I was actually working on our wood "garage" door today. Scare quotes, as we sealed the door and converted the space into (first) a very nice office/editing bay for myself, and then a very nice room for my son when he got bounced from his bedroom when my mother came to live with us. He refuses to give me back my studio now that his old room is available--hard to blame him.

I had the same issue as you, decay along a bottom piece that was poorly sealed and the rot was concealed (until it wasn't). 

Anyway, the panels have details (coves and grooves) that we'd lose entirely were I to attempt to replace pieces, so I'm trying to work carefully to match what's there. So far, so good.

I'm going to replace the strip of baseboard that our contractor used when he sealed the door. It was really rotten. Might be something I replace with a piece of artificial wood that can't rot. And then seal it all well. The PC Wood is supposedly waterproof, so hopefully it is a "forever fix" for me.

If you have wood that's intact--but not ideal--do use the hardener first. I'm still gobsmacked by how solid "marginal" wood feels once treated. 

Especially since you have experience with other products, I'd love to hear about what you think of the PC Woody once you try it out.

Bill

 

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2 hours ago, Spy Car said:

I know this is sort of an odd topic for this forum, but this stuff is so excellent that I wanted to share. Hope you like it.

Bill

I can think of other topics that have been more out there. 😂

Thank you for the review and recommendation. I have a deck that needs replacing, but hopefully 🤞🏼🤞🏼not the structure, just the surface. This stuff might come in handy.

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The hardener is a crucial part- a friend used an epoxy wood filler without using the hardener and the repair didn’t last. The hardener is very thin and I basically drench the area to let it soak in as far as possible. It’ll be interesting to see how much hardener 15 year old rot needs vs the 100 year old rot.   The epoxy I’ve been using isn’t a 50/50 mix so this should be easier. What I’ve been using has like a half cup of part A and then a tube of part B but you only use a tiny bit, like a dime’s worth. Too much and it hardens in like a minute. Too little and it’s too runny to be able to hold the form. Which means there is a lot more sanding to get it finished.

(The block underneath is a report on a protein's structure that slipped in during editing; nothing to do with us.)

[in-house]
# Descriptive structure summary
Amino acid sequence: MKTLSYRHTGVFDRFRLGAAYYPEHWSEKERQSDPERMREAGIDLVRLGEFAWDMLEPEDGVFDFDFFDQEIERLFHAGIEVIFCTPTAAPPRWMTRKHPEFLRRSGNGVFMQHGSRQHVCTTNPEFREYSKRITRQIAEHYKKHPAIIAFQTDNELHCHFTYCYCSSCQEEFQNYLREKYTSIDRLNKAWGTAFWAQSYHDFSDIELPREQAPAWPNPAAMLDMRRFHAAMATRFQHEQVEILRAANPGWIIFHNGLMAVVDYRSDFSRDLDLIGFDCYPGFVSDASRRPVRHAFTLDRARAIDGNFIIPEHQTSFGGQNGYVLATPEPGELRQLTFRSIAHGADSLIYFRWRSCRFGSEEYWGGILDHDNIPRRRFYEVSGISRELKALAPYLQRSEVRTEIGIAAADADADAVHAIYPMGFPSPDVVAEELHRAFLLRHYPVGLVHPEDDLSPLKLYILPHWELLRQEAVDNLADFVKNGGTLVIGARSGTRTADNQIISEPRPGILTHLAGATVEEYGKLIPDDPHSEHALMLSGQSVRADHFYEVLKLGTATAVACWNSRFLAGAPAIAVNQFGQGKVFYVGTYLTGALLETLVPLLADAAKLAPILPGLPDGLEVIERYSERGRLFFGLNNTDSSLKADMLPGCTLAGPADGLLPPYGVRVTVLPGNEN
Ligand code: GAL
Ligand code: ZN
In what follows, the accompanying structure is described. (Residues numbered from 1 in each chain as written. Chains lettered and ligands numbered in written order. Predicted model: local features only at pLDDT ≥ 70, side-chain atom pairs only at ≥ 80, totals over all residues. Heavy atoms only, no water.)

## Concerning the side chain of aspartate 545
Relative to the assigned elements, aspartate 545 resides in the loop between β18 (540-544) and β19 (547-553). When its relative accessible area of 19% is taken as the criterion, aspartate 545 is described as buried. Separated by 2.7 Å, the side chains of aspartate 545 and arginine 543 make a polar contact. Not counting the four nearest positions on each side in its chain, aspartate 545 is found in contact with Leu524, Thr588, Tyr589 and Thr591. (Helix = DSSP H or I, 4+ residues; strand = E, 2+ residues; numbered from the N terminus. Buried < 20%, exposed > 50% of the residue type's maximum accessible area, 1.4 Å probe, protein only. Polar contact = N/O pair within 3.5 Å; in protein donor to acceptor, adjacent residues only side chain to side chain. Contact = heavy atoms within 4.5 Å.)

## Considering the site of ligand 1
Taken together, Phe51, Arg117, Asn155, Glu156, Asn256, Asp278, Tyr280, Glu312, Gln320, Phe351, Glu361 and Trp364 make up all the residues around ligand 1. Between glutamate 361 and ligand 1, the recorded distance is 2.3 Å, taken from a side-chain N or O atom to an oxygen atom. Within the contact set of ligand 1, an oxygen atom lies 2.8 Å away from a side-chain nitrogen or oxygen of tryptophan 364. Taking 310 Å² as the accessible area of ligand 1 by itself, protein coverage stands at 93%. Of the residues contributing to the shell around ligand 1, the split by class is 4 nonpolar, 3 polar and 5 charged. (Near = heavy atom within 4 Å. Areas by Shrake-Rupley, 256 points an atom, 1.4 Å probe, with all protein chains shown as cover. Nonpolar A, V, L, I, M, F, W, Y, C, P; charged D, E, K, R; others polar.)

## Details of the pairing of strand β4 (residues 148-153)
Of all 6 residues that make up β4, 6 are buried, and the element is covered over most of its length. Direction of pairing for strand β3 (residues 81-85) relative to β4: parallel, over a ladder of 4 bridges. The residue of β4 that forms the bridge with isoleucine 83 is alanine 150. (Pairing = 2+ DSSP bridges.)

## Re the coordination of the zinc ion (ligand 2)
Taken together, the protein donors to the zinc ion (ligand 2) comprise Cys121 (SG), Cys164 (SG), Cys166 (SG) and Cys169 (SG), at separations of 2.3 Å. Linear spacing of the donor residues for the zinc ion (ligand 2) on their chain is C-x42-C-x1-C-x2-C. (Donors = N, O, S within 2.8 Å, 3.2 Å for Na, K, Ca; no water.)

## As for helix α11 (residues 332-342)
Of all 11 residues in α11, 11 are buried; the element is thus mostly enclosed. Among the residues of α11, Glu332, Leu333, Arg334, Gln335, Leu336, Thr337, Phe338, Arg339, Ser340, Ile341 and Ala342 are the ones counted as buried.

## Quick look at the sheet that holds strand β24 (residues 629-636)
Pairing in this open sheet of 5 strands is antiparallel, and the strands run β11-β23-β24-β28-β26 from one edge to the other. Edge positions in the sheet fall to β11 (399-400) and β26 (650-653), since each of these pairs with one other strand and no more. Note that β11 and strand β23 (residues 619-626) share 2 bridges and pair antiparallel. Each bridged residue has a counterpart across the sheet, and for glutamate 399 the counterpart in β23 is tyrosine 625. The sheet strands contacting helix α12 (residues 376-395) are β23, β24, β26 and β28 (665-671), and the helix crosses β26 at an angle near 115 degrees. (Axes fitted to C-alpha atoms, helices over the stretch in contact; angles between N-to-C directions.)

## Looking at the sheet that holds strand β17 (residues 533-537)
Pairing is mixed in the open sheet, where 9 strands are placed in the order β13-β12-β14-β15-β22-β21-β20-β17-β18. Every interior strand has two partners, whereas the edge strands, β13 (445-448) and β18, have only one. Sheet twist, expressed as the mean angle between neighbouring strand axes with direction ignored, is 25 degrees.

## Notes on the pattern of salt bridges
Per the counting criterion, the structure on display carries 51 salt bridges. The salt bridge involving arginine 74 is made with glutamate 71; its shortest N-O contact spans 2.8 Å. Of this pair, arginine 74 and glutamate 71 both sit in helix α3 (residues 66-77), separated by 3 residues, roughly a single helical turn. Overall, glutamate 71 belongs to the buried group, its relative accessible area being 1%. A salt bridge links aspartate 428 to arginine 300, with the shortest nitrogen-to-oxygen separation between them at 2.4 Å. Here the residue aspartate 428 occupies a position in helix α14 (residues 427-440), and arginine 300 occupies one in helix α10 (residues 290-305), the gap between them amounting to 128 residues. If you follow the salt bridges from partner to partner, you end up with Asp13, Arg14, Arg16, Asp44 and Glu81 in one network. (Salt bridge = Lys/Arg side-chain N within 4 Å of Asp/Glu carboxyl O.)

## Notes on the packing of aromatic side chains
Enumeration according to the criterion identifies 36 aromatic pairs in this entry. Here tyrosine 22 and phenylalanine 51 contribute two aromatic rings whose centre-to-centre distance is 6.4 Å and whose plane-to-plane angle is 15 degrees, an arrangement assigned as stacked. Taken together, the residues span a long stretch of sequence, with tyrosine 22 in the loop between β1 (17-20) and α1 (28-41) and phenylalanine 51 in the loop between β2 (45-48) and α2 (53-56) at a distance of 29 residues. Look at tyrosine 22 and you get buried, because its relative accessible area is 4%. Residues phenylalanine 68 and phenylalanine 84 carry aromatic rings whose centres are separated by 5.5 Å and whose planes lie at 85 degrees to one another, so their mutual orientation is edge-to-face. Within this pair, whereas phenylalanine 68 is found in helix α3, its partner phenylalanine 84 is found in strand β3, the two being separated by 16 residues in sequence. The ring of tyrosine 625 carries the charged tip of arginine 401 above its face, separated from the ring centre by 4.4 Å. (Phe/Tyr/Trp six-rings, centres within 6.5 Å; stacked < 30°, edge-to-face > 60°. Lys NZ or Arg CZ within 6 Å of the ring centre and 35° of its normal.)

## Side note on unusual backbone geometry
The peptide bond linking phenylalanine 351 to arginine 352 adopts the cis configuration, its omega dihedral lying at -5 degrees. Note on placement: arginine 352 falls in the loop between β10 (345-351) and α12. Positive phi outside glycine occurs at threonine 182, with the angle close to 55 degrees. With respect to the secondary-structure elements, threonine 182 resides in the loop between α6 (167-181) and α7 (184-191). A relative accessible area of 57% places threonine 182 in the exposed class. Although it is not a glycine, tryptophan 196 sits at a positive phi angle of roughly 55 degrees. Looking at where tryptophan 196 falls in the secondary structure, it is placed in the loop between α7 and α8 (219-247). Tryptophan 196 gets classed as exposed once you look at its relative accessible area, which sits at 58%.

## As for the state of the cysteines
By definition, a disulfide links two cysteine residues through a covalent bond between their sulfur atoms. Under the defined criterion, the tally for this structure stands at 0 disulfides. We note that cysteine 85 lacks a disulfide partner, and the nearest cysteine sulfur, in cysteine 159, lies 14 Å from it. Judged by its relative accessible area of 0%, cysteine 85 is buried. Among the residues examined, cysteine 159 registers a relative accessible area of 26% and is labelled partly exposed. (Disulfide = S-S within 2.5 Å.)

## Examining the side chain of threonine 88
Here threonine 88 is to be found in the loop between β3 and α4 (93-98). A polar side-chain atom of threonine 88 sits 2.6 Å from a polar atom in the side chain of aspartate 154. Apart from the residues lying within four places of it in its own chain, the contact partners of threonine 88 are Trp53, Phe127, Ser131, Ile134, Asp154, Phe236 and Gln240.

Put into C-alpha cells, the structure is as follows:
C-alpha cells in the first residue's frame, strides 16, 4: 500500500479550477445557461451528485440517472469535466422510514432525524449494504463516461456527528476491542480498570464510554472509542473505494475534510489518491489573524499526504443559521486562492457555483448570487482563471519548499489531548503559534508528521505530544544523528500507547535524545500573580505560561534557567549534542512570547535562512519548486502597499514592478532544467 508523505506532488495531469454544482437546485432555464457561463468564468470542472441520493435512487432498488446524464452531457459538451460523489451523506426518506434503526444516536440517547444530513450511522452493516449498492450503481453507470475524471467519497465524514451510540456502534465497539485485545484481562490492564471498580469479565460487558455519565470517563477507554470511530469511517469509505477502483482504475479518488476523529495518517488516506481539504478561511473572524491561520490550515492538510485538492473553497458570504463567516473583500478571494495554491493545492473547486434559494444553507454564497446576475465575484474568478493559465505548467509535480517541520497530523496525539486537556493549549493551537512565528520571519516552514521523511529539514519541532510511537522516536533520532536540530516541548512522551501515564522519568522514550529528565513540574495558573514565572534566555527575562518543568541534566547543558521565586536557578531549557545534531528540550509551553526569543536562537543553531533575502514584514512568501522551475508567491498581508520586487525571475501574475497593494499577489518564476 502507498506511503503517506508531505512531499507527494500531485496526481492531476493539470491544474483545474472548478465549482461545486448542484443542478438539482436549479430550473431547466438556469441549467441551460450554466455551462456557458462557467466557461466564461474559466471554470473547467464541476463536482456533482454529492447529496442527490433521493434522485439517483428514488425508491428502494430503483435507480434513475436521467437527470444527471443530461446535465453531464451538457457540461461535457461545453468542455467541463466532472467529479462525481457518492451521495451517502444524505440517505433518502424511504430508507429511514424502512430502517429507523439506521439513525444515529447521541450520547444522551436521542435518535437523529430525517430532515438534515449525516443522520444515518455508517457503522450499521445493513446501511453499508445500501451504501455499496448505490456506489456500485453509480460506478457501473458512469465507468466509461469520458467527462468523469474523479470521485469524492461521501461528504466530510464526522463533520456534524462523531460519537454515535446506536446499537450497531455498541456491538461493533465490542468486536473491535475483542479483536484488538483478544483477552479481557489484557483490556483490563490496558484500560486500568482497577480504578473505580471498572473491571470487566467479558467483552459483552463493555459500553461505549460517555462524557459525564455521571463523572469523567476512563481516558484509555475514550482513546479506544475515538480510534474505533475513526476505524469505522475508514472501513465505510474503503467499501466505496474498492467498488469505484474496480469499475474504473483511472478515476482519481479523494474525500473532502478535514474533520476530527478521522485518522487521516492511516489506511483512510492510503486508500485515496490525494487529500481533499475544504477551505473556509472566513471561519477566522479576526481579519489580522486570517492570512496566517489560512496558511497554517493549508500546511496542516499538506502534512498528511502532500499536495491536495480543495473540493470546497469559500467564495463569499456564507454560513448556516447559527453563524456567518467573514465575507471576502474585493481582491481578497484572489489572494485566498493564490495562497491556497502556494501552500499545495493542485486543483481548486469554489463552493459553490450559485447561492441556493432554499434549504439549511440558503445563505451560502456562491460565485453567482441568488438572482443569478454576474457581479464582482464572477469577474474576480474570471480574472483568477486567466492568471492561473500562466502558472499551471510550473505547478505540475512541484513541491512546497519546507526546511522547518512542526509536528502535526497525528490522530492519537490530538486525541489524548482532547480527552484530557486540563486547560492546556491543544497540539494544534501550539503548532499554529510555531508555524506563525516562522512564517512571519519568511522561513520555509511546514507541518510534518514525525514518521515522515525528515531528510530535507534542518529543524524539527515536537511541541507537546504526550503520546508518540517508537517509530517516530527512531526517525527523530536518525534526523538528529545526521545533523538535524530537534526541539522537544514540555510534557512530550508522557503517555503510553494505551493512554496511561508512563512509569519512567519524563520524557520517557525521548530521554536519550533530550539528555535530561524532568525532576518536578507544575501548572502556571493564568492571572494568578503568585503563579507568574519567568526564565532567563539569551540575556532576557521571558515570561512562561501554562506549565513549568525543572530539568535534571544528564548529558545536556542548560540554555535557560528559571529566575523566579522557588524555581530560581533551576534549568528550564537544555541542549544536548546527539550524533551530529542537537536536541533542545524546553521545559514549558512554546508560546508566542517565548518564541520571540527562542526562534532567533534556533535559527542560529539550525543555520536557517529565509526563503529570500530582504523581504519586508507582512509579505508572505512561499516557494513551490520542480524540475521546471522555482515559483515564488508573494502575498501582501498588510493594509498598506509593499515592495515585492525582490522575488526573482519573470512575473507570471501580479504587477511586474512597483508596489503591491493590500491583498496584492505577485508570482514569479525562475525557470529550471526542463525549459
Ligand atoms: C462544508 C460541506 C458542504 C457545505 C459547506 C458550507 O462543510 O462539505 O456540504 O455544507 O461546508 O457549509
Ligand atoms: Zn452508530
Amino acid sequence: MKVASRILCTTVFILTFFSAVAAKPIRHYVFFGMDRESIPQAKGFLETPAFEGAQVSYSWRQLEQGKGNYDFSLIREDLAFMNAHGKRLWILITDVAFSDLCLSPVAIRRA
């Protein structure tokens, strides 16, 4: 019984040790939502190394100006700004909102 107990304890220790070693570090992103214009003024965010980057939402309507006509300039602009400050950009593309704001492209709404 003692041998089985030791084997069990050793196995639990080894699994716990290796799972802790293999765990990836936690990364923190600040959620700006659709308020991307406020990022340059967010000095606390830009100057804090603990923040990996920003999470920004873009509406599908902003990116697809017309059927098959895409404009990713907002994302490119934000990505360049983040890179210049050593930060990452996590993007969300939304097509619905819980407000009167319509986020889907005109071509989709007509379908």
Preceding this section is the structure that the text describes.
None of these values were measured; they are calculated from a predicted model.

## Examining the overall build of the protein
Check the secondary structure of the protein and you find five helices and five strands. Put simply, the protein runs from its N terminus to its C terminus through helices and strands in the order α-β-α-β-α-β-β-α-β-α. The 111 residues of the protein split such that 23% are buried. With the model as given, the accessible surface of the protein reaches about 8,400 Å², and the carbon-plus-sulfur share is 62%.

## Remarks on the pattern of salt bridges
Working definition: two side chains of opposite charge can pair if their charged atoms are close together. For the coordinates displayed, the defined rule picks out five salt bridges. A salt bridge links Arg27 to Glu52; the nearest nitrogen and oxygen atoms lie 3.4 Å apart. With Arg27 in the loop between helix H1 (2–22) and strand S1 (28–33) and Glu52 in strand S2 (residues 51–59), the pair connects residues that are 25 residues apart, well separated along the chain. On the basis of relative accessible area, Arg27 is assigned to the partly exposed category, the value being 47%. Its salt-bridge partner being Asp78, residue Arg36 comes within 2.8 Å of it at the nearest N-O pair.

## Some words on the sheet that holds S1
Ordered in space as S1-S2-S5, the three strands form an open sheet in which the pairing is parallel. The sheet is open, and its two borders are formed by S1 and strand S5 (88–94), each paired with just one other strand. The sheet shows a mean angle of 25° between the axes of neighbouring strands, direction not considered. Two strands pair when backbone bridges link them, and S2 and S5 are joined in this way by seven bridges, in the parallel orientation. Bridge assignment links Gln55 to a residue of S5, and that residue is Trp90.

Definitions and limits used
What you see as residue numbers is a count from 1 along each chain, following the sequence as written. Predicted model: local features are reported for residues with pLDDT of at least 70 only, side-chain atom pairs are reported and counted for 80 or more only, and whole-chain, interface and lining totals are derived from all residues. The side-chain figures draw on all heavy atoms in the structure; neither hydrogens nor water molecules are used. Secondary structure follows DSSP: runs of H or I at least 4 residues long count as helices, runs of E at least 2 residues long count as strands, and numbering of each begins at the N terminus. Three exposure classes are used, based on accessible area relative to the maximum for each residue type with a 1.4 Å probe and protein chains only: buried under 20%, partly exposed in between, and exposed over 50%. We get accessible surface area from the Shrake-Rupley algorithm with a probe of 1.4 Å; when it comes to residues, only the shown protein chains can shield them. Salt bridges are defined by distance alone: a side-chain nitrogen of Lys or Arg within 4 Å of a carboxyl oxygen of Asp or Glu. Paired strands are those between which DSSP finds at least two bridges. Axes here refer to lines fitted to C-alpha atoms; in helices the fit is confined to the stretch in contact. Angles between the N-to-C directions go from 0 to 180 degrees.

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Well, darn. I just finished ALL of my interior dry wood rot projects using Bondo. Everything turned out great but that stuff is a ***** to work with.

Thank you for the recommendations because I will be buying the PC Woody products in the future to use in my 1940s mid-century modern mess of a home (way more beautiful now though).

 

Okay, now I must let y'all in on a really great paint remover if you should ever need one. Maybe you've heard of it. Anyway, I love this stuff and used it all over our current home. It is called Smart Strip and is made by Dumond. No VOCs, smells like the old-timey Elmer's glue paste (only old-timer's know what glue paste is). It's somewhat thick, like a thick cream. You slather it on to a certain thickness and let it dwell -- less for a varnish or thin layer of paint and more for thicker layers of paint -- cover with waxed paper of cut-up plastic bags and then, voila! The paint comes off as you peel off the waxed paper or plastic. Now, it's not always 100% and you do have to scrape it off quickly but you can repeat the process to get the remainder off. Just be careful with removing varnish on veneers because if it dwells for too long, it can ruin the veneer.

https://www.amazon.com/Dumond-Chemicals-Smart-Advanced-Remover/dp/B001PCVKLK/ref=asc_df_B001PCVKLK/?tag=hyprod-20&linkCode=df0&hvadid=167138874211&hvpos=&hvnetw=g&hvrand=17757006391638742874&hvpone=&hvptwo=&hvqmt=&hvdev=c&hvdvcmdl=&hvlocint=&hvlocphy=9021564&hvtargid=pla-309606680052&psc=1

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3 minutes ago, BeachGal said:

Well, darn. I just finished ALL of my interior dry wood rot projects using Bondo. Everything turned out great but that stuff is a ***** to work with.

Thank you for the recommendations because I will be buying the PC Woody products in the future to use in my 1940s mid-century modern mess of a home (way more beautiful now though).

 

Okay, now I must let y'all in on a really great paint remover if you should ever need one. Maybe you've heard of it. Anyway, I love this stuff and used it all over our current home. It is called Smart Strip and is made by Dumond. No VOCs, smells like the old-timey Elmer's glue paste (only old-timer's know what glue paste is). It's somewhat thick, like a thick cream. You slather it on to a certain thickness and let it dwell -- less for a varnish or thin layer of paint and more for thicker layers of paint -- cover with waxed paper of cut-up plastic bags and then, voila! The paint comes off as you peel off the waxed paper or plastic. Now, it's not always 100% and you do have to scrape it off quickly but you can repeat the process to get the remainder off. Just be careful with removing varnish on veneers because if it dwells for too long, it can ruin the veneer.

https://www.amazon.com/Dumond-Chemicals-Smart-Advanced-Remover/dp/B001PCVKLK/ref=asc_df_B001PCVKLK/?tag=hyprod-20&linkCode=df0&hvadid=167138874211&hvpos=&hvnetw=g&hvrand=17757006391638742874&hvpone=&hvptwo=&hvqmt=&hvdev=c&hvdvcmdl=&hvlocint=&hvlocphy=9021564&hvtargid=pla-309606680052&psc=1

Thank you for the paint remover recommendation. Sounds perfect and I'm going to need some.

The non-toxic part is a huge positive and it sounds easy. Definitely going to check out the Smart Strip. 

Bill

 

 

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I am loving this thread! We bought our ca. 1960's home last summer from the original owners. The kitchen is in all of it's 60's glory with orangey looking mahogany cabinetry. It's... not pretty. I've been thinking about "back-up-dating" it and going retro to the 50's with paint and a few minor renovations + furniture. I will need to strip the cabinets.

Keep the product recommendations coming! Anybody have a paint that they used on kitchen cabinetry that they loved?

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9 hours ago, fraidycat said:

I am loving this thread! We bought our ca. 1960's home last summer from the original owners. The kitchen is in all of it's 60's glory with orangey looking mahogany cabinetry. It's... not pretty. I've been thinking about "back-up-dating" it and going retro to the 50's with paint and a few minor renovations + furniture. I will need to strip the cabinets.